Saint … or Insane?

Joan of Arc thought she saw visions of God telling her to lead French troops against the English during the Hundred Years War. She became a saint. But Brian Mitchell was convicted in 2010 of kidnapping and raping Elizabeth Smart. He said God gave him license to do.

Abraham was ready to kill his own son Isaac because he thought that God told him to. He is seen as a Jewish patriarch and a prophet of Islam. But Charles Manson was convicted of conspiracy in the killings of three people though he thought he was the incarnation of Jesus Christ.

In 1858, 14-year-old Bernadette Soubirous saw a vision of Mary in Lourdes, France. She also became a saint. But Andrea Yates drowned her five children (aged six months to seven years) one by one because she was trying to save them from Satan.

Ezekiel lay on his left side for 390 days to bear the sins of Israel and then 40 days for the sins of Judah because God told him to. He is a prophet. But Jim Jones, another supposed incarnation of Jesus Christ, ordered over 900 people to kill themselves in Jonestown, Guyana.

How do you tell the saints from the insane? One source (“Drawing The Line Between Religious Inspiration And Insanity”) quotes a researcher who concludes that the difference between a prophet and a psychopath is “whether or not [they] can get followers.”

So we know prophets based on the number of their followers, not whether what they say is true or not?!

(Contrast this with the scientific consensus. Issues like plate tectonics, evolution, the Big Bang, and so on become the consensus in a similar way but with two massive differences: the consensus is built on and destroyed by evidence, and the consensus comes only from those competent enough to evaluate this evidence.)

What if Charles Manson had gotten a million followers? Would that turn him into a prophet? Conversely, what if Joseph Smith had gotten only 20 followers? Would that turn him into a nut?

The other factor separating saint from insane is harm, but it’s not that the saints did nice things and the insane did bad things. We have no more evidence that God spoke to military leader Joan of Arc than to convicted rapist Brian Mitchell, but we do know that Joan of Arc participated in more killing. The military leaders in the Bible (Joshua, Saul, David, Gideon, Samson, and so on) killed many more people than Jim Jones. But saints can’t kill good people. They can kill “them,” but not “us.”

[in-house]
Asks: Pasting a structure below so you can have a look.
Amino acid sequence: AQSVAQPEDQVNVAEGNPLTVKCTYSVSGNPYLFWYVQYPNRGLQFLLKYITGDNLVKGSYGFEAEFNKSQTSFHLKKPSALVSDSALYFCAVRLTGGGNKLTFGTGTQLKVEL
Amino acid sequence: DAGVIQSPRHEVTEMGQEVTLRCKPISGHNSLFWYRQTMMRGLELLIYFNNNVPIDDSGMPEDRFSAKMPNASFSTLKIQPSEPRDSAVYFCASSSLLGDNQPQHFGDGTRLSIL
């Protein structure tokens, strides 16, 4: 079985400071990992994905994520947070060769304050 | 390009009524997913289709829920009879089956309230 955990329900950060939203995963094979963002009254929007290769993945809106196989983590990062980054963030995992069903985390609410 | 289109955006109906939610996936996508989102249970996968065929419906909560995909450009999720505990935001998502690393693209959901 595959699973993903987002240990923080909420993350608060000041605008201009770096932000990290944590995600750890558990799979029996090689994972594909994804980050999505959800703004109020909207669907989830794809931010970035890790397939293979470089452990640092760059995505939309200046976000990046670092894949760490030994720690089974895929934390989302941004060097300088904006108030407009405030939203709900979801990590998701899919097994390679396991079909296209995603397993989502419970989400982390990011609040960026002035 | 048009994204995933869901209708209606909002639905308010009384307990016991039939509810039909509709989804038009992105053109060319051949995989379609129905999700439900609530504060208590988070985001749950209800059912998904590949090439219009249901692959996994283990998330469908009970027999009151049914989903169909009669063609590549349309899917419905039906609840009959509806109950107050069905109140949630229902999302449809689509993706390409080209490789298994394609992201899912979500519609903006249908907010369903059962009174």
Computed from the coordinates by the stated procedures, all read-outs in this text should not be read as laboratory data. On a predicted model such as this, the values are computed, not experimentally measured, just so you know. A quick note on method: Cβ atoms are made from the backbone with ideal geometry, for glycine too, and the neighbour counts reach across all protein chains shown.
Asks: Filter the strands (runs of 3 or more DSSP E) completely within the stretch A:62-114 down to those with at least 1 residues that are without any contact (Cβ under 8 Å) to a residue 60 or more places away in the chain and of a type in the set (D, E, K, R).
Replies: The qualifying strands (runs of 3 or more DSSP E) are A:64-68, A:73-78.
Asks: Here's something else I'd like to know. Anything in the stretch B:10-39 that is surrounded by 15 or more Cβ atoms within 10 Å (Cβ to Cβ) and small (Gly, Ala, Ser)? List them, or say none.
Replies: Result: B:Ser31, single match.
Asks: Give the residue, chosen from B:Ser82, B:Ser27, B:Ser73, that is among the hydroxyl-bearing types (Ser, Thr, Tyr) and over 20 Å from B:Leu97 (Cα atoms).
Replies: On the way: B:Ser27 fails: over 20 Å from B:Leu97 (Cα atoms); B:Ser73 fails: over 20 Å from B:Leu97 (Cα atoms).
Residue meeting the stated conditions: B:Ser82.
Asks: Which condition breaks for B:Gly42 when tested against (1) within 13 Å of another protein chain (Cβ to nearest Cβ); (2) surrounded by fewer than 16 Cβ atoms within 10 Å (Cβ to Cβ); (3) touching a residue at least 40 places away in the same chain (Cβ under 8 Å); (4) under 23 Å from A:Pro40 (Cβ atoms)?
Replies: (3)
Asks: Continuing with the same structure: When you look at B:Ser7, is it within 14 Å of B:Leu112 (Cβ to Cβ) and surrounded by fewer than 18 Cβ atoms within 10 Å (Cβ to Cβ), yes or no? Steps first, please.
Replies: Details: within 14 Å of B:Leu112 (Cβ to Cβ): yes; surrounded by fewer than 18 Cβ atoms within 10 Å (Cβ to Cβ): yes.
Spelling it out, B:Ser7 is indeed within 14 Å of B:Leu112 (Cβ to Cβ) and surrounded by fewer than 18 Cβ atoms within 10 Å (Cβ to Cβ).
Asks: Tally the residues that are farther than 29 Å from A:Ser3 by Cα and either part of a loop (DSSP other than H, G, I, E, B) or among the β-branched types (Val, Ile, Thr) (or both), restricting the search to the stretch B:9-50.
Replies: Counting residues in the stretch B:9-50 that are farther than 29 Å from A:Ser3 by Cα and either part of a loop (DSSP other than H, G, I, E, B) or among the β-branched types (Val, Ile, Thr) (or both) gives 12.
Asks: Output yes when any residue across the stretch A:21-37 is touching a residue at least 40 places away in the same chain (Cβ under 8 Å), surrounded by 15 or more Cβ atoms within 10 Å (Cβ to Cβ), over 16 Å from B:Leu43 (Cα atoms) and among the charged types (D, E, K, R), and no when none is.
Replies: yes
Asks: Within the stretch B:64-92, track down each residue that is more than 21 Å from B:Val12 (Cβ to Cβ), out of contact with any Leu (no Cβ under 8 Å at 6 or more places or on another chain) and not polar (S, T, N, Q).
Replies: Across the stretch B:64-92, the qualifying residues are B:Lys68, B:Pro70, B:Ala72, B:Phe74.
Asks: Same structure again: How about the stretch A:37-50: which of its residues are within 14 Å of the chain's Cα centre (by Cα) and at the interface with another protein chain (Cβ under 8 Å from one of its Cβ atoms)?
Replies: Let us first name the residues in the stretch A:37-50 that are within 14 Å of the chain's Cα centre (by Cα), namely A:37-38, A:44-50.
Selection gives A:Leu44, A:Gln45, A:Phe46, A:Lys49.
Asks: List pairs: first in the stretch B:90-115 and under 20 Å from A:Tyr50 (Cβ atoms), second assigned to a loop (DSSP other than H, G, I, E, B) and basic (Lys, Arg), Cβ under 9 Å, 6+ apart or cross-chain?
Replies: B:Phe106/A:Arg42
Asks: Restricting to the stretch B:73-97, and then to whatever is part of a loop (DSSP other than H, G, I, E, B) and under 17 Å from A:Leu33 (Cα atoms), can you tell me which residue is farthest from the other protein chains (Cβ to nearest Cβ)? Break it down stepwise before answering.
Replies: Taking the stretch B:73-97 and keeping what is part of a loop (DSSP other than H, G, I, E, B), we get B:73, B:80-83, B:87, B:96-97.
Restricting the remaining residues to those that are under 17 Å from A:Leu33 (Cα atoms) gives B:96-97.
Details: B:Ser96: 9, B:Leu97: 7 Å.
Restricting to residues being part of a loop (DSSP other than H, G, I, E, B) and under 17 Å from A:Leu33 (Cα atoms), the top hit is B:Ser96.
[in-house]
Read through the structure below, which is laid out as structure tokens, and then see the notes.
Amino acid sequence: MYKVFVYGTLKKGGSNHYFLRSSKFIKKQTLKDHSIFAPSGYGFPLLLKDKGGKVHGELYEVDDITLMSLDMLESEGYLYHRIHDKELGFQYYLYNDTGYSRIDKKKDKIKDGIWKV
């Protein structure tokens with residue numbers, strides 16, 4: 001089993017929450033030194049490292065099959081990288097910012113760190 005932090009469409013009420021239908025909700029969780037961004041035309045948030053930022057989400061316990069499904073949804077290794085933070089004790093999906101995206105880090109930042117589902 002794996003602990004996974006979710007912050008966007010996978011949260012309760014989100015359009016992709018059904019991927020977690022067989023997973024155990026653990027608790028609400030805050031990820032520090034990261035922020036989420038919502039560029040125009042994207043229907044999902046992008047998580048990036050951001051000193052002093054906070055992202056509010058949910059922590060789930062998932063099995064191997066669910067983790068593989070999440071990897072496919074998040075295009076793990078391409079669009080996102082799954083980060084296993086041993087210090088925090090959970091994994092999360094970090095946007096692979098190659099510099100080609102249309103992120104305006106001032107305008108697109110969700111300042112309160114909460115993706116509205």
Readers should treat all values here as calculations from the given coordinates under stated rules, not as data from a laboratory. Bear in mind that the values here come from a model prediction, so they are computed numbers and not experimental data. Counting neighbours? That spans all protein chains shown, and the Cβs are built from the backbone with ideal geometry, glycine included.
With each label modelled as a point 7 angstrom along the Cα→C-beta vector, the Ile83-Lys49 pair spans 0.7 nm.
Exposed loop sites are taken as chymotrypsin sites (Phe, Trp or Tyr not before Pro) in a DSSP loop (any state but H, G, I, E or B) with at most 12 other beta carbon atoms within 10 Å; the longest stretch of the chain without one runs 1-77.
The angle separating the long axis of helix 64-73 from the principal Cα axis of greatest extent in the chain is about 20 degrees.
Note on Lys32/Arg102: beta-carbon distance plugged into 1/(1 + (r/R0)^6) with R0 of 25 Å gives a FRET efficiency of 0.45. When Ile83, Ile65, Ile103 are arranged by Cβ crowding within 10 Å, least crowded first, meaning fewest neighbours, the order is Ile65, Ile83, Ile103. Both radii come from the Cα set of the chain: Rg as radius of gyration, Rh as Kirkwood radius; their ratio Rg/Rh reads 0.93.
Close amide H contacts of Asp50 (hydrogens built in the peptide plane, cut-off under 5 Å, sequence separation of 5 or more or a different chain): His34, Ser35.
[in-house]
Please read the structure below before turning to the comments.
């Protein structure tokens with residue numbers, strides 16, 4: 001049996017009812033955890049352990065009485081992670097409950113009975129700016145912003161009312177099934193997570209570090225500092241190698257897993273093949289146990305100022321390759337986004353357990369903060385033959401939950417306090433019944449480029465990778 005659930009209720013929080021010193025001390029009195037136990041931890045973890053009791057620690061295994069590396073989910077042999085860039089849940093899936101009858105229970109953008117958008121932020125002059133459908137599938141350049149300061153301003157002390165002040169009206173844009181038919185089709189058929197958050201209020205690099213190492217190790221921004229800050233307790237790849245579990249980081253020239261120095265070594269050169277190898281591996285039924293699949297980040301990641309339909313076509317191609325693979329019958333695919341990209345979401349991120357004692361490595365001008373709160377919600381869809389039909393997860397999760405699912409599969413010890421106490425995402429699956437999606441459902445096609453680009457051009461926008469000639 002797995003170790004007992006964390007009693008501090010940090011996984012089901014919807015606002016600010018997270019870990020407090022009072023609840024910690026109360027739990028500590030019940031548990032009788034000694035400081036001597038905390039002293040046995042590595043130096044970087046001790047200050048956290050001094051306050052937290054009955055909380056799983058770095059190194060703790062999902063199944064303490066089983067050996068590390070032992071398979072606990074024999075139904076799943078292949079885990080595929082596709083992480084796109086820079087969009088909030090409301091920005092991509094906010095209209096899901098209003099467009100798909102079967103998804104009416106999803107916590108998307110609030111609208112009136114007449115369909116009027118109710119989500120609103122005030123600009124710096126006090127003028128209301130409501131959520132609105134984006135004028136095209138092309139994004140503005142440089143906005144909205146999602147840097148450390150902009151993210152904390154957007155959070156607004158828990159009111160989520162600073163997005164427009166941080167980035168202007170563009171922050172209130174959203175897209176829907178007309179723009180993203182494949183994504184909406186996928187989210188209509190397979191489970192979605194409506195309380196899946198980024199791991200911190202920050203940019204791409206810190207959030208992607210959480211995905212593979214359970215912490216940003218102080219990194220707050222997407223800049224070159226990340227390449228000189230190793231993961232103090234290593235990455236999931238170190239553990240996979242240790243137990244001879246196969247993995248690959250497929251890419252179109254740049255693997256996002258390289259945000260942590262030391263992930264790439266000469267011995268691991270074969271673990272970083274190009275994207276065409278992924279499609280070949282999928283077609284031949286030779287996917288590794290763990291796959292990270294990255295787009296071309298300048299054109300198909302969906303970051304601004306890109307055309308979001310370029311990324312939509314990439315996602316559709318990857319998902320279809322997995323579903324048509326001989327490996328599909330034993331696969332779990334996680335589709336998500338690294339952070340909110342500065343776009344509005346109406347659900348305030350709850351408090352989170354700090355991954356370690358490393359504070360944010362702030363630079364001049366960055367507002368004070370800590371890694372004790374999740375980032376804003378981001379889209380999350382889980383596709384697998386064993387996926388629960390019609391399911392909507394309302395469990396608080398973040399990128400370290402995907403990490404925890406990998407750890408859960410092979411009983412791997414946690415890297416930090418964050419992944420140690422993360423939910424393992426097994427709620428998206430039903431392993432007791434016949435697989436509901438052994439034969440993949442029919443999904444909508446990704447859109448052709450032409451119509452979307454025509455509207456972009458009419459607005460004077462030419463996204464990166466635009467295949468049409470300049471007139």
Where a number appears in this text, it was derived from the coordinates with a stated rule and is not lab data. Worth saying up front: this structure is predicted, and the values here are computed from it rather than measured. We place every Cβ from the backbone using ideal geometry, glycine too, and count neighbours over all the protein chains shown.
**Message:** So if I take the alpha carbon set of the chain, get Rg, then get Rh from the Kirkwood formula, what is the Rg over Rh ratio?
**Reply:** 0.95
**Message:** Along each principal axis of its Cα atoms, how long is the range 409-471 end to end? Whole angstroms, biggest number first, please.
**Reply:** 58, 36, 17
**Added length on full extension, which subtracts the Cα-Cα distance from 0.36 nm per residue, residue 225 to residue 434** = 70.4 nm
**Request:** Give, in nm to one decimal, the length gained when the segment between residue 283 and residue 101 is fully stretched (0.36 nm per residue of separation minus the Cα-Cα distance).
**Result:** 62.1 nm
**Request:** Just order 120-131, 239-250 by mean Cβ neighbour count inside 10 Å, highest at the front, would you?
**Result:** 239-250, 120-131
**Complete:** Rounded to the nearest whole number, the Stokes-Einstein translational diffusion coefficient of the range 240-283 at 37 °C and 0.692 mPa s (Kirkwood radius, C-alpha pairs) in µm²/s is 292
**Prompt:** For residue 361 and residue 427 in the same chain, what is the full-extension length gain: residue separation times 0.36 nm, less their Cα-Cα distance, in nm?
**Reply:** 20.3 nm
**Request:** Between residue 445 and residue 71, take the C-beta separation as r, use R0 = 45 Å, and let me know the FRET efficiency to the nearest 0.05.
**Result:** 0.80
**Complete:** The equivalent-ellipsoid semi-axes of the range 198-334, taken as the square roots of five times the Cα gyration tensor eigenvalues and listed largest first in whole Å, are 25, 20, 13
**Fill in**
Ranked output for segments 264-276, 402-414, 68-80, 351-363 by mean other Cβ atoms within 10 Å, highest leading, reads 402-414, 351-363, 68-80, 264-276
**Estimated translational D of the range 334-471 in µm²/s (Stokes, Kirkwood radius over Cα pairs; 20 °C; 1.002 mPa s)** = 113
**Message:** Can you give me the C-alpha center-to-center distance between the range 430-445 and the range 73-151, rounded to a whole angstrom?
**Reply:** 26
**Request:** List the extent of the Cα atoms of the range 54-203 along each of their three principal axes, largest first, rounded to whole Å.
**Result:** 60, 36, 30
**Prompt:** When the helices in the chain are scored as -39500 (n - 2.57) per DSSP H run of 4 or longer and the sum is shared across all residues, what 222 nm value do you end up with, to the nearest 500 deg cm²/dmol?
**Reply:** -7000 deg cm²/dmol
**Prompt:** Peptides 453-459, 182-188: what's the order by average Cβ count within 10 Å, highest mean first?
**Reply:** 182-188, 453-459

Let me propose a rule. A saint (or prophet or patriarch):

  • (1) can’t hurt people that you can identify with, and
  • (2) must have sufficient followers.

Try this out on some well-known names. John Hagee and Hal Lindsey preach the coming end, and they may have enough followers to be called prophets (using a generous definition of “prophet”). But Harold Camping, though he had the guts to make specific predictions, fails on requirement 2 (I wrote about Camping here).

Mary Baker Eddy (founder of Christian Science), Ellen White (Seventh-day Adventism), and Aimee McPherson (Four Square) were prophets, but David Koresh (Branch Davidian) and Charles Manson fail on 1 and 2.

Indian guru Sathya Sai Baba was a prophet, but Ram Bahadur Bomjon, the supposed Buddhist bodhisattva who is said to fast continuously for months while meditating, fails on 2.

The pope can say that he’s the Vicar of Christ, but if I say it, that fails on 2.

Though “saint” has a formal definition, colloquial forms of the labels “saint” and “prophet” are bestowed by popular acclaim. In short, you’re a prophet when people say you are. Popularity doesn’t mean that what you say is true, and there’s no requirement that it be true anyway.

This flabby definition of “prophet” is obvious for the other guy’s religion, but maybe all of us should reconsider what it means for those that we think are prophets.

If you talk to God, you are praying;
if God talks to you, you have schizophrenia
— Thomas Szasz

Photo credit: Univ. of Missouri

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About Bob Seidensticker

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